It's easy--but also a little confusing, and in the sections below I will sketch out the process of using IssueZilla. Again, as I mentioned above, this discussion is not a step-by-step guide to using IssueZilla--we already have that--it is rather a general guide to what is available. Much of my discussion derives from our "About Issues" document and from the SourceCast help material on IssueZilla. Readers are urged to refer to those documents.

Filing an Issue

First things first: register with, if you have not already. Then log in. Once you have logged in, you will be able to see the "My Issues" link on the left navbar. Click on it and view the list of issues assigned to or by you. For the most part, filing out the IssueZilla form is not terribly difficult, but there are some choices to make, among the most important being the component to file the issue under. The list of components does not fully tally with the list of projects, but for the absent projects, you can file an issue against the www (web) project, and the owner of that project will direct your issue to the appropriate spot.

Why is it important to choose the right project for your issue? Because works on a per-project basis, meaning that an issue with the "framework," for instance, should be handled by that project. Assigning the issue to the default owner of that project's issues will go a great ways to ensuring that the issue is actually worked on.

Once you have chosen the component, you can fill in the form. For clear instructions, again, please see the "Issue Writing Guidelines" page, which walks you through the process in some detail.

By the way: You can also file issues for things having to do with the general website, not the project or code. For instance, if you notice a broken link, a misspelling, or are unable to use the mailing list--anything like that--file an issue and assign it to the "www" component.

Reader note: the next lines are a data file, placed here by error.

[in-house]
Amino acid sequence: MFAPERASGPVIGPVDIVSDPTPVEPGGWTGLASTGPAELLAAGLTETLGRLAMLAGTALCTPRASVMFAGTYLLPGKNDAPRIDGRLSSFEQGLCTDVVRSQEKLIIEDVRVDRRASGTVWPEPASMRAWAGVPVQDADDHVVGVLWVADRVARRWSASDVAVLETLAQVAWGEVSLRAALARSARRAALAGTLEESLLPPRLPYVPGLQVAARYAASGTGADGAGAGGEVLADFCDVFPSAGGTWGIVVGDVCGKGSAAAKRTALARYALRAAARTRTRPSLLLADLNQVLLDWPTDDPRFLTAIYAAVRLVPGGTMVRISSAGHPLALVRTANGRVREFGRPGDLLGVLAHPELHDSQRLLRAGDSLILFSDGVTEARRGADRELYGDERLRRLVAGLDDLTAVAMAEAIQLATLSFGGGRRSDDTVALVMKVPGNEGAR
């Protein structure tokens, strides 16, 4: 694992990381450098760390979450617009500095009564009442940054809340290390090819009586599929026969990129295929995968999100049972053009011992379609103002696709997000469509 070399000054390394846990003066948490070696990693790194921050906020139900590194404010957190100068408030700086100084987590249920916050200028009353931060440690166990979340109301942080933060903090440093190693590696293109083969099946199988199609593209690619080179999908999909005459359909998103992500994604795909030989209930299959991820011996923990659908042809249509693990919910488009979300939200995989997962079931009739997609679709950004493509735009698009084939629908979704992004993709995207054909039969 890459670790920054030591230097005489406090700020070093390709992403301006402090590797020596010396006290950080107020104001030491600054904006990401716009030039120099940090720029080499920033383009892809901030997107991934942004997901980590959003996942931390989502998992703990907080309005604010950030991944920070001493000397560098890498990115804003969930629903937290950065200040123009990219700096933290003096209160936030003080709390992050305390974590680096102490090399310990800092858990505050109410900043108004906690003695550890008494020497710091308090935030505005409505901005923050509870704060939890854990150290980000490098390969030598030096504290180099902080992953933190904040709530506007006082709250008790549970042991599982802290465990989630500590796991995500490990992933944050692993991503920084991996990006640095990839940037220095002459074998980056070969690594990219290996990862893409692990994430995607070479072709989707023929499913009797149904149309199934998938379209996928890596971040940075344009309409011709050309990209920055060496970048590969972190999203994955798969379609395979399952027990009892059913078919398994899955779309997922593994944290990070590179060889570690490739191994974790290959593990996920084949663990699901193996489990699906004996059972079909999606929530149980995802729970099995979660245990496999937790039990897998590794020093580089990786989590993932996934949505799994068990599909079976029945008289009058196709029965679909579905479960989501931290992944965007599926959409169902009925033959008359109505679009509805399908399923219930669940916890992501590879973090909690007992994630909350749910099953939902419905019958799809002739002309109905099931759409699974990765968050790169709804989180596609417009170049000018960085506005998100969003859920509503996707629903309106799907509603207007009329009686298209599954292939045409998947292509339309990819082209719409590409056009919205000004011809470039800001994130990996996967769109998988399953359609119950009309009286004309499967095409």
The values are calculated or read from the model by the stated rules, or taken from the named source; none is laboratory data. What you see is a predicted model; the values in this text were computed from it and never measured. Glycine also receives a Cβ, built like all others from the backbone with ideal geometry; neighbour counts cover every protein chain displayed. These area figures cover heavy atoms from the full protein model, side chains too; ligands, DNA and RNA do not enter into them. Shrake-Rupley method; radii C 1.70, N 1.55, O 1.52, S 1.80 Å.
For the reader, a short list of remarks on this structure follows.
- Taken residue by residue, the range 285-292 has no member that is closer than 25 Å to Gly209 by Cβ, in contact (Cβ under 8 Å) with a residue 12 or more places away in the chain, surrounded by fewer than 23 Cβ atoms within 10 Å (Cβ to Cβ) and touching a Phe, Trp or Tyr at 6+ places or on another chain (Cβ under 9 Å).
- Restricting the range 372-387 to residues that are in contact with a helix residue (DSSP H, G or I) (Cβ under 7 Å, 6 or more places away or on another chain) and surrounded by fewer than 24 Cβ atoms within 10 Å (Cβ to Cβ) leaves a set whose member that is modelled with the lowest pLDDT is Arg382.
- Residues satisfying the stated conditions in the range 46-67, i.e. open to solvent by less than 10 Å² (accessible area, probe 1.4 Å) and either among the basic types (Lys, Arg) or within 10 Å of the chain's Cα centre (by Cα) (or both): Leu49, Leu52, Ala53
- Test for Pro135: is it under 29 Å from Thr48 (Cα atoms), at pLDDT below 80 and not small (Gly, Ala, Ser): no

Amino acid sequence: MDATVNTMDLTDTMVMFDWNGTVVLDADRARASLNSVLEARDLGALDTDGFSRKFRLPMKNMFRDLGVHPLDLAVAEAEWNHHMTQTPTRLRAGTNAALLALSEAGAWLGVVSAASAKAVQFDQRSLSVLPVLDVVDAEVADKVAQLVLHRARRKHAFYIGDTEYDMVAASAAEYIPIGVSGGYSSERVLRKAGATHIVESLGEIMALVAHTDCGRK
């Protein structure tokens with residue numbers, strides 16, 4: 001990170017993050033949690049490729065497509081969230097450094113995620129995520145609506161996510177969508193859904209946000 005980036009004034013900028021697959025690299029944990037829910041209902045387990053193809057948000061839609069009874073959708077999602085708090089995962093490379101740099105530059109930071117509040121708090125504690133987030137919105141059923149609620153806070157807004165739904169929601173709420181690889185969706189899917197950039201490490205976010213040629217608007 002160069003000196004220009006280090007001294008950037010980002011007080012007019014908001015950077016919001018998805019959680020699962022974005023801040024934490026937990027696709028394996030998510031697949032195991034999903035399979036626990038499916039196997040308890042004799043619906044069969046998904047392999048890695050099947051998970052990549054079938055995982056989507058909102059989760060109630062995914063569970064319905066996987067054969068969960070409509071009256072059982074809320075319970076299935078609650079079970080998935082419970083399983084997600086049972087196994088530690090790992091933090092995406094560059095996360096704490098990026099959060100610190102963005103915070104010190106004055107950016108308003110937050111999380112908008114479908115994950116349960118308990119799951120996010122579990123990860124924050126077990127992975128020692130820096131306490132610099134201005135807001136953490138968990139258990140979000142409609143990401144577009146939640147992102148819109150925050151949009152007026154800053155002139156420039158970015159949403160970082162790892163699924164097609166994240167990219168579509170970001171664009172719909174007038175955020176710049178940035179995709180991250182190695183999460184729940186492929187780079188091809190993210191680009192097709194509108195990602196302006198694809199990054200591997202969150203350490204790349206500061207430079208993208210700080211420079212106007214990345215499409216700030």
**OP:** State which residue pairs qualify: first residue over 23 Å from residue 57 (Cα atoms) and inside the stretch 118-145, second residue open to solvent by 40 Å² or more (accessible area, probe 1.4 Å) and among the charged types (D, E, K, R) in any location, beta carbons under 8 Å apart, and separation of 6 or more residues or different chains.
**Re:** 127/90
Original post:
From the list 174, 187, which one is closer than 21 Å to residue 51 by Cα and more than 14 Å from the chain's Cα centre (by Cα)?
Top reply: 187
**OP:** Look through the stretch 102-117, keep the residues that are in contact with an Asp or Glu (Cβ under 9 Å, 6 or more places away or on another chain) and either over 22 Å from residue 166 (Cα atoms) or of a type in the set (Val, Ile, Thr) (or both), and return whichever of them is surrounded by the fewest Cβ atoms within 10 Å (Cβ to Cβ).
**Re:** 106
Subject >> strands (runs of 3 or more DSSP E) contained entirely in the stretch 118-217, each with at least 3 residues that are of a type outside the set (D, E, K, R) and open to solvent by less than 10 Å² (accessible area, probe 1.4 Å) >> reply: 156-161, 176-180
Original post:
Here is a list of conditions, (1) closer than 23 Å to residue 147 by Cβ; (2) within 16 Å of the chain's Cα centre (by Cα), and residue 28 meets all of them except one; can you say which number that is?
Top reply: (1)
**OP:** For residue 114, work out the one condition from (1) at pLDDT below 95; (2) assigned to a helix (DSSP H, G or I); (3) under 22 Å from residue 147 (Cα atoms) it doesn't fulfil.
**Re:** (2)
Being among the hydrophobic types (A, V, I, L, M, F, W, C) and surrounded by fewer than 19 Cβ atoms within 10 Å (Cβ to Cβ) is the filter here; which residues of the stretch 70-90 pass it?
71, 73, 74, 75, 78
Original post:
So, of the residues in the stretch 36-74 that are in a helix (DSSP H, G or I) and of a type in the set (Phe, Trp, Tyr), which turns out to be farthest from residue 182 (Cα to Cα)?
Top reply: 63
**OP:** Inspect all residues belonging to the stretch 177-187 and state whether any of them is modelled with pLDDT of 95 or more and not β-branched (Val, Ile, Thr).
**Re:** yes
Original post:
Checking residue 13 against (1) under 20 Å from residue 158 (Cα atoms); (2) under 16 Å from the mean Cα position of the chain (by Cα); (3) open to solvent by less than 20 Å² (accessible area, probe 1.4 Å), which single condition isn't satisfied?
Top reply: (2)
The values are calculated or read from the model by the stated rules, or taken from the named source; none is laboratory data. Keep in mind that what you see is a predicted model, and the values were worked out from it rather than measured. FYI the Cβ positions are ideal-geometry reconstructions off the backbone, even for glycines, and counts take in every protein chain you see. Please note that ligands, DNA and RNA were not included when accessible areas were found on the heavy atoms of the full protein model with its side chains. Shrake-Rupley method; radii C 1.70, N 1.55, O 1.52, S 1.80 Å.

What happens after you file an issue?

Assuming you have correctly filed an issue, the next step is up to the person to whom the issue has been assigned, often the project lead, or at least the person responsible for the module. That person is notified of the issue via email; he must then accept the issue, which signifies his receipt of the notification. It's then up to the assignee to act on the issue.

Depending on the priority level you have attached to the issue, the assignee will act on it with greater or lesser urgency. But let's say it's a P2. In that case, the assignee will probably deal with as soon as he can. If he can resolve it (fix it), he will signify as much and close the issue (which remains in the archive of issues filed). But there are other possibilities: the issue may not be resolvable, or may depend for its resolution on a network of other issues. For a description of these possibilities, please see the "Got Issues" page.

In any event, notification of the progress made on the issue will be sent to the email address you used to register with Included in this email will be the URL for that particular issue; depending on the setup of your email client, clicking on it should take you to that issue. But to comment further on the issue you must be logged in first.

At some point, if you become active in, you will undoubtedly have many open issues. These can be worked on not just by you, or by your assignees, but also by others, who have been brought in to resolve them. In short, opening an issue with IssueZilla means opening the door to true collaborative work.